LinkedIn is another example of this, albeit slightly different. People concoct fake inspirational stories to gain popularity. One reads numerous posts disguised under inspirational pretences about success, and individuals react by applauding each other. There is no inspiration here, just a sycophantic desire to get ahead. This type of groupthink has a severe knock-on effect — the eight symptoms identified by social psychologist Irving Janis in 1972 still apply to the industry patterns we are seeing today. In addition, there are broader and more noticeable impacts from these cult followings. Many leaders wield such influence over their followers that they can manipulate a company’s share price by spreading rumours on social media.
The recent lawsuit against Musk argues that he purposely drove up the price of Dogecoin and then let it crash to manipulate the crypto market for his gain. The reaction, however, is created by his followers, not by him, which is vital. Other protagonists of the year still hold immense power within their loyal communities despite their failings, including Sam Bankman-Fried, Alex Mashinsky, Do Kwon, Barry Silbert, Kyle Davies, and Su Zhu — the latter bearing the words “eternal optimist” in his Twitter bio. This demonstrates that a panglossian view is still rife within these leadership circles despite an outpour of disappointment and outrage from those who have been left with nothing.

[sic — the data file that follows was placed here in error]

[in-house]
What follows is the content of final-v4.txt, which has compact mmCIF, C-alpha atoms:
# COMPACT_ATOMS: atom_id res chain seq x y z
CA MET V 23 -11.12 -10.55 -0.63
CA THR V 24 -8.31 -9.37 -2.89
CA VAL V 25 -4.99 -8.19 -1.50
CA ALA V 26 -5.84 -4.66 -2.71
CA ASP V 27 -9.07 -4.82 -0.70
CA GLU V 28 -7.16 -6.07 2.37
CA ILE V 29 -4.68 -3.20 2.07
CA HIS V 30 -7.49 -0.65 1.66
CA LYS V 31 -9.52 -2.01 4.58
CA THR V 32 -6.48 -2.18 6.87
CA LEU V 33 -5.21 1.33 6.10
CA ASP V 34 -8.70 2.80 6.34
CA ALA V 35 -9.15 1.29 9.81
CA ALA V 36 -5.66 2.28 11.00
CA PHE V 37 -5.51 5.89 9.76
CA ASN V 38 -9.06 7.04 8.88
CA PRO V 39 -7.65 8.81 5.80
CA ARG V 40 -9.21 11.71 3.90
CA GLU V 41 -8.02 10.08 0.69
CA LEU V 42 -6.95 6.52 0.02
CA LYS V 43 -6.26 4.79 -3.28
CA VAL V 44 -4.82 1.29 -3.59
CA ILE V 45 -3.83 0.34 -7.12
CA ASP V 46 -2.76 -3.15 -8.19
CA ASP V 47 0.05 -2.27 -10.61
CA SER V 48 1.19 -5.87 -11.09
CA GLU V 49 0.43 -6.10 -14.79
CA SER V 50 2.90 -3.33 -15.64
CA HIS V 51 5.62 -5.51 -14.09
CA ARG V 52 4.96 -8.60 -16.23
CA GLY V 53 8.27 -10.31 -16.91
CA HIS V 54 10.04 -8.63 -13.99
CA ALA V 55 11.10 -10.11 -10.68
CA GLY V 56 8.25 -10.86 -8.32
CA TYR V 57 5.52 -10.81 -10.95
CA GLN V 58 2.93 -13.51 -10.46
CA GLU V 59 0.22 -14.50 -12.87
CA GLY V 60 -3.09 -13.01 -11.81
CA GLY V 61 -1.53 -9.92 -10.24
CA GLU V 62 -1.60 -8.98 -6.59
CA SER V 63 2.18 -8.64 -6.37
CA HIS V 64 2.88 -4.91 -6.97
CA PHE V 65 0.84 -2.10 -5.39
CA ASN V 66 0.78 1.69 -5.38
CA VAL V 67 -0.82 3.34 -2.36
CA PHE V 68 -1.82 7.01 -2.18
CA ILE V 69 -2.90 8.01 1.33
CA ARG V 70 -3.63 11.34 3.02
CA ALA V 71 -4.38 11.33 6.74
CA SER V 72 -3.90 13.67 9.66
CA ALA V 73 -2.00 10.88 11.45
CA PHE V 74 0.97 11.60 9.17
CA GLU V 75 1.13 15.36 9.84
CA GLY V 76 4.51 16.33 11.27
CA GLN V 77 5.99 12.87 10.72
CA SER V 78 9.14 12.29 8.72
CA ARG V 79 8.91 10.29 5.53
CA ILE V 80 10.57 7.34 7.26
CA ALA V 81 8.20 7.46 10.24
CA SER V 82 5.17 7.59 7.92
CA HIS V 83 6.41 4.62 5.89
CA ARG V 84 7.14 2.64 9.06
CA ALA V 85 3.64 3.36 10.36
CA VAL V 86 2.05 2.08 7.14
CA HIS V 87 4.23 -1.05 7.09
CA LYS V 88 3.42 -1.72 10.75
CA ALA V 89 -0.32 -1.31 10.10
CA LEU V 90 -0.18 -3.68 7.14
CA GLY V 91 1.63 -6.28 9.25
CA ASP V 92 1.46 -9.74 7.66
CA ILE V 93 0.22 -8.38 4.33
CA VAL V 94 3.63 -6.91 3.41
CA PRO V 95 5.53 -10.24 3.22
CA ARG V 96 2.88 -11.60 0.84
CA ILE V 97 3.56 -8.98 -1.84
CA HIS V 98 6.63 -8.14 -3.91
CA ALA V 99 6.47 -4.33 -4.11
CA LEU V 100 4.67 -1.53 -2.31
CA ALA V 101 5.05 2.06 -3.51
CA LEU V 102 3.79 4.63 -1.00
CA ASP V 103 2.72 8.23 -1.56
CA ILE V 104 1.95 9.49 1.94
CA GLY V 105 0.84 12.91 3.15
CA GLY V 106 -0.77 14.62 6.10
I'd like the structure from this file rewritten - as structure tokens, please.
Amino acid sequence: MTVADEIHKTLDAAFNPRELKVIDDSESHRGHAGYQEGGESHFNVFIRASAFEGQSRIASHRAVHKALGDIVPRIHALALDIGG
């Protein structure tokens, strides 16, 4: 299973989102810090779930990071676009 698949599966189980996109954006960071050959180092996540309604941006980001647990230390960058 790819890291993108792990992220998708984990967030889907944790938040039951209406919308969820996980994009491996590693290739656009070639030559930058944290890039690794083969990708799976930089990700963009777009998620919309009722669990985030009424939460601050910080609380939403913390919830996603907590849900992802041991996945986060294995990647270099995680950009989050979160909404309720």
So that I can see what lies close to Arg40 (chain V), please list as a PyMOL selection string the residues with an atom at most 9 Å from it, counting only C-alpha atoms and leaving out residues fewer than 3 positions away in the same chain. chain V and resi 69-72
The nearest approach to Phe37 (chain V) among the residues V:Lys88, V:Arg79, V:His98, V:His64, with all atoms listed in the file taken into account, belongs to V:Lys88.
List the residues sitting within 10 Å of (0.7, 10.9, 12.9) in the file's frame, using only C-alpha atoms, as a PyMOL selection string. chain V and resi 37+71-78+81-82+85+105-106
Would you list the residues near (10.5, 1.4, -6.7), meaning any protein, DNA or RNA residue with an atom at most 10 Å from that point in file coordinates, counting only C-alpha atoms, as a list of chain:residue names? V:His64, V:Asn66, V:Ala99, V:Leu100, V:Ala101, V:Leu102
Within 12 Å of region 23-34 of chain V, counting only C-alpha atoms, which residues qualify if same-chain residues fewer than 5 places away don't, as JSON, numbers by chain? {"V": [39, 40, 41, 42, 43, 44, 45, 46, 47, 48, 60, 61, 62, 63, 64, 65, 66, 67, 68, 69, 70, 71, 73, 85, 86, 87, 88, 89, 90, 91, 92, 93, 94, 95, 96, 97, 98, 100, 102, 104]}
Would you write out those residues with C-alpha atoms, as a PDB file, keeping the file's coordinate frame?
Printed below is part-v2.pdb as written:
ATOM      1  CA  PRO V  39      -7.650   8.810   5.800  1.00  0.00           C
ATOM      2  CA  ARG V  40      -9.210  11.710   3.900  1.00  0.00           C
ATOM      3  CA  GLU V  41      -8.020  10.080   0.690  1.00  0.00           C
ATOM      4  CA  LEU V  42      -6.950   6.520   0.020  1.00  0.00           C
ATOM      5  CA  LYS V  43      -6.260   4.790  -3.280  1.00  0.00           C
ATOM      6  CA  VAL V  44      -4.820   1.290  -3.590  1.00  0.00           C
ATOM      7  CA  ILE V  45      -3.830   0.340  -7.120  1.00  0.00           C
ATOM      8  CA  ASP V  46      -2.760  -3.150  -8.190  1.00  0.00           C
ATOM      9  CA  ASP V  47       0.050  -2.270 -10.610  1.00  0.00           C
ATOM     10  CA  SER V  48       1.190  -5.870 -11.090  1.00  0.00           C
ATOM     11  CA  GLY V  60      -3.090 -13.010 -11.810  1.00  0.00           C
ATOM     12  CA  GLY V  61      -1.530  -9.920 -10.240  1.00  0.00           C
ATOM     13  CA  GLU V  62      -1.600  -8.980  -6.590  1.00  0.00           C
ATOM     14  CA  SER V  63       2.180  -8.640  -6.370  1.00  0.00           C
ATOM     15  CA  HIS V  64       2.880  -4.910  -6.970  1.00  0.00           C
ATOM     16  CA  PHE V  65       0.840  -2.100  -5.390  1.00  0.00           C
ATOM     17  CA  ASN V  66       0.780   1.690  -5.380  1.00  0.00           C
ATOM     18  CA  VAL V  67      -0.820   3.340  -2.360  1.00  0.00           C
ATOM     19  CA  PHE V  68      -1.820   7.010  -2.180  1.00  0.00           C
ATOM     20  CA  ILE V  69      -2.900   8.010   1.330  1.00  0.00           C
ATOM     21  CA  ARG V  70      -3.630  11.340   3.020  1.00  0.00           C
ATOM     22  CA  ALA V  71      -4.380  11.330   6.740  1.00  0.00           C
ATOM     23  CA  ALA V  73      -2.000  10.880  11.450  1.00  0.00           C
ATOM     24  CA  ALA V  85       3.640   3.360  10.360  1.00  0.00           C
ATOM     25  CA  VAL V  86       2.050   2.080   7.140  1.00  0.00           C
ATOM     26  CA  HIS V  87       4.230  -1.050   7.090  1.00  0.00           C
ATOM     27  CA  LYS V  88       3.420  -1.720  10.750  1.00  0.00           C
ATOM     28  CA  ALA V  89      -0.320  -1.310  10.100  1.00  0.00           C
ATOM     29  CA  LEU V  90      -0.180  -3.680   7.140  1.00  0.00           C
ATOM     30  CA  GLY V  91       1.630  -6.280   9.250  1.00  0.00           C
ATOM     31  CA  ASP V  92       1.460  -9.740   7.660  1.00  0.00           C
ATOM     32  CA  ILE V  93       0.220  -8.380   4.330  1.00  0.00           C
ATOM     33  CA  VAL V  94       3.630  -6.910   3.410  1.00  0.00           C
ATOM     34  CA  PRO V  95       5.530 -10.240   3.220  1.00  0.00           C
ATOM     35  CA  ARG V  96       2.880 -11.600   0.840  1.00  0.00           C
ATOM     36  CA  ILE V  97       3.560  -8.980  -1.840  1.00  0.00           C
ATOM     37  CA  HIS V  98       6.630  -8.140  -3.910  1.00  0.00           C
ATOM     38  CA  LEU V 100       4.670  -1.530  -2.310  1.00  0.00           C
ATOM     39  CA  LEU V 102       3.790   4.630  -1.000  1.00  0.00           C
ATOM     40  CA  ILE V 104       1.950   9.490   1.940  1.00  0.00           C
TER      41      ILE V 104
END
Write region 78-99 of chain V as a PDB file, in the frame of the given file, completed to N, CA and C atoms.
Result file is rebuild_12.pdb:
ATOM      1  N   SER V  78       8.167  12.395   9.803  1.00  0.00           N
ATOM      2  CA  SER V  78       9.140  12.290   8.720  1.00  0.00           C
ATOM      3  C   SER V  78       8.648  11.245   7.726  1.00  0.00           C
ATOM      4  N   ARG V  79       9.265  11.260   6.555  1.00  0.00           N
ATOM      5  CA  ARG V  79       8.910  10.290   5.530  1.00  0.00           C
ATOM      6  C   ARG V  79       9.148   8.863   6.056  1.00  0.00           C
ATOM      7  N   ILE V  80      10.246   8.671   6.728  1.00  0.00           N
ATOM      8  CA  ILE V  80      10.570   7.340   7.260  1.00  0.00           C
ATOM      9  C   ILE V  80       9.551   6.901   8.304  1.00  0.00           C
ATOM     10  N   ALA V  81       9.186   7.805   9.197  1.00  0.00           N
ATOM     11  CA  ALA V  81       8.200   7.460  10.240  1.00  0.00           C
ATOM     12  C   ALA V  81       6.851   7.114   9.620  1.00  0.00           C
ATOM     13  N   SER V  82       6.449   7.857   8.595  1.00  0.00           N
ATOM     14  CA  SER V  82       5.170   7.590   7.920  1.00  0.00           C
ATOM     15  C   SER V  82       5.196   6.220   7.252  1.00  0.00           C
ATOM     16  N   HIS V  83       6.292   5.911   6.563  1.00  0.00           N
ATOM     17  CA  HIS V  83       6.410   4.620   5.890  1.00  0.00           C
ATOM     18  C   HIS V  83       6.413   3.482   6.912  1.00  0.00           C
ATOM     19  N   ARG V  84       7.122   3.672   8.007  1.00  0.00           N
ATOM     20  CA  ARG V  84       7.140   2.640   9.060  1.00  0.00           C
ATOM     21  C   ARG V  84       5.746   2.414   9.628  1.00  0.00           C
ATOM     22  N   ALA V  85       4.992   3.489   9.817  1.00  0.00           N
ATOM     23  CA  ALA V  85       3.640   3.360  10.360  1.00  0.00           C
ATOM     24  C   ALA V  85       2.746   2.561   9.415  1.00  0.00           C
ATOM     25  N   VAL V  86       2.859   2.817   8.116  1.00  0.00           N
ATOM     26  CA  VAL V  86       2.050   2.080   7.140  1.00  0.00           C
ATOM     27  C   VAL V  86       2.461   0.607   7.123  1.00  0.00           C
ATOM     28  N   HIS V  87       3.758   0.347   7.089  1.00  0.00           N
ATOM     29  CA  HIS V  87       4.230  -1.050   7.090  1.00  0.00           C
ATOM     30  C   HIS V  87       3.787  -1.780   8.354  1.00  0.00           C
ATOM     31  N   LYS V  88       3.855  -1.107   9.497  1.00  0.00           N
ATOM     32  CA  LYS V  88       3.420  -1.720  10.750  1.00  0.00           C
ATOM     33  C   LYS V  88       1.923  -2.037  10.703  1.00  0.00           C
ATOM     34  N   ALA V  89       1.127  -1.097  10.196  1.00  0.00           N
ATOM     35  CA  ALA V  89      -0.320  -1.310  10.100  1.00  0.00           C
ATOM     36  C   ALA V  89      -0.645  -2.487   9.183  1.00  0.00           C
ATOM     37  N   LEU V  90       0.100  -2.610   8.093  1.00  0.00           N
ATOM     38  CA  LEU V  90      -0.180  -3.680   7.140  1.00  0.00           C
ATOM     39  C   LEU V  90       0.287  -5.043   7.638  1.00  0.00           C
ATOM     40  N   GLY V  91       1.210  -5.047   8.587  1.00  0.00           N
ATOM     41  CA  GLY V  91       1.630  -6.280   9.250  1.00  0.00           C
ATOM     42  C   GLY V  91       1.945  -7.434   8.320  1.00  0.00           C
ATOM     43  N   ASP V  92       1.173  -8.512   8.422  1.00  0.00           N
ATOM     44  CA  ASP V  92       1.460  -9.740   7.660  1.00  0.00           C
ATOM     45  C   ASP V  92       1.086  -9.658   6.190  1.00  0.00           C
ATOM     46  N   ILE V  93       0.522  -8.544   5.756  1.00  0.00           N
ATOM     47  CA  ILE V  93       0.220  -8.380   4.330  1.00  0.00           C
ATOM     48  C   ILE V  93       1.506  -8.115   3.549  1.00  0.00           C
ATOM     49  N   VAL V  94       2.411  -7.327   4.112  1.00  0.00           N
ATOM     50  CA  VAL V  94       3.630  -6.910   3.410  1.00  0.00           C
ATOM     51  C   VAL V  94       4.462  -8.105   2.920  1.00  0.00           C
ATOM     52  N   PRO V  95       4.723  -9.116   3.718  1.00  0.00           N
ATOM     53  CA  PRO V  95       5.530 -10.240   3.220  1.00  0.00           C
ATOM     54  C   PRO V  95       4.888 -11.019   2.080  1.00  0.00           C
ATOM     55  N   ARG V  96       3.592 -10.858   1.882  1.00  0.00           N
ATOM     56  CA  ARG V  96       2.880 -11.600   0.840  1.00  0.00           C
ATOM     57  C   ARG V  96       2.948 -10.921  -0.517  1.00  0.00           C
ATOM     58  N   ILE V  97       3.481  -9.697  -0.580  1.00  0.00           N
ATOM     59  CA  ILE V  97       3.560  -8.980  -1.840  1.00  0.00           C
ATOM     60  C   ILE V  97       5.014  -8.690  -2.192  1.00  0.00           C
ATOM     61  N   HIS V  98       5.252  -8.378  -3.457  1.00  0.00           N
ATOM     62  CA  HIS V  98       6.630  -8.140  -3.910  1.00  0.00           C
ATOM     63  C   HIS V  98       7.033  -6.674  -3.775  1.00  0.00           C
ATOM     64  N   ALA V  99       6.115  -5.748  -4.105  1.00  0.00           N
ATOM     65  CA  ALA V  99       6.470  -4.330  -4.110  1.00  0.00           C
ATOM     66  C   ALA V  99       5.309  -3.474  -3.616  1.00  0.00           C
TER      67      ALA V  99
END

As the tech and crypto industries mature, will good leaders become prominent?
In the past, the most famous personality cults have crumbled, but social media complicates the situation in the modern era by allowing rampant disinformation. By design, humans tend to place leaders on pedestals. Audiences worship them because they create content that speaks to their innermost selves. Still, we need to take a step back and critically analyse the articles, videos and social media threads we have been conditioned to consume at lightning. As Twitter’s credibility continues to plummet, constantly plagued by numerous scandals, it is unlikely that good actors or thought leaders will rise to the foreground against this backdrop. Most of these characters work in their own interest, not for the greater good, and this is something that people need to have a better understanding and more awareness of.
To move forward, we must stop looking for the next great leader and instead focus on finding great ideas.
To move forward, we must stop looking for the next great leader and instead focus on finding great ideas. The future remains uncertain if the current, worrying trajectory is to continue. In this industry, people must conduct independent research, think critically, and stop taking everything at face value. Following a personality does not engender a more fulfilling human experience, but observing this complex and beautiful world outside the lens from which you view it will.
Benjamin Gabay, Chief Marketing Officer & Co-Founder of CrunchDAO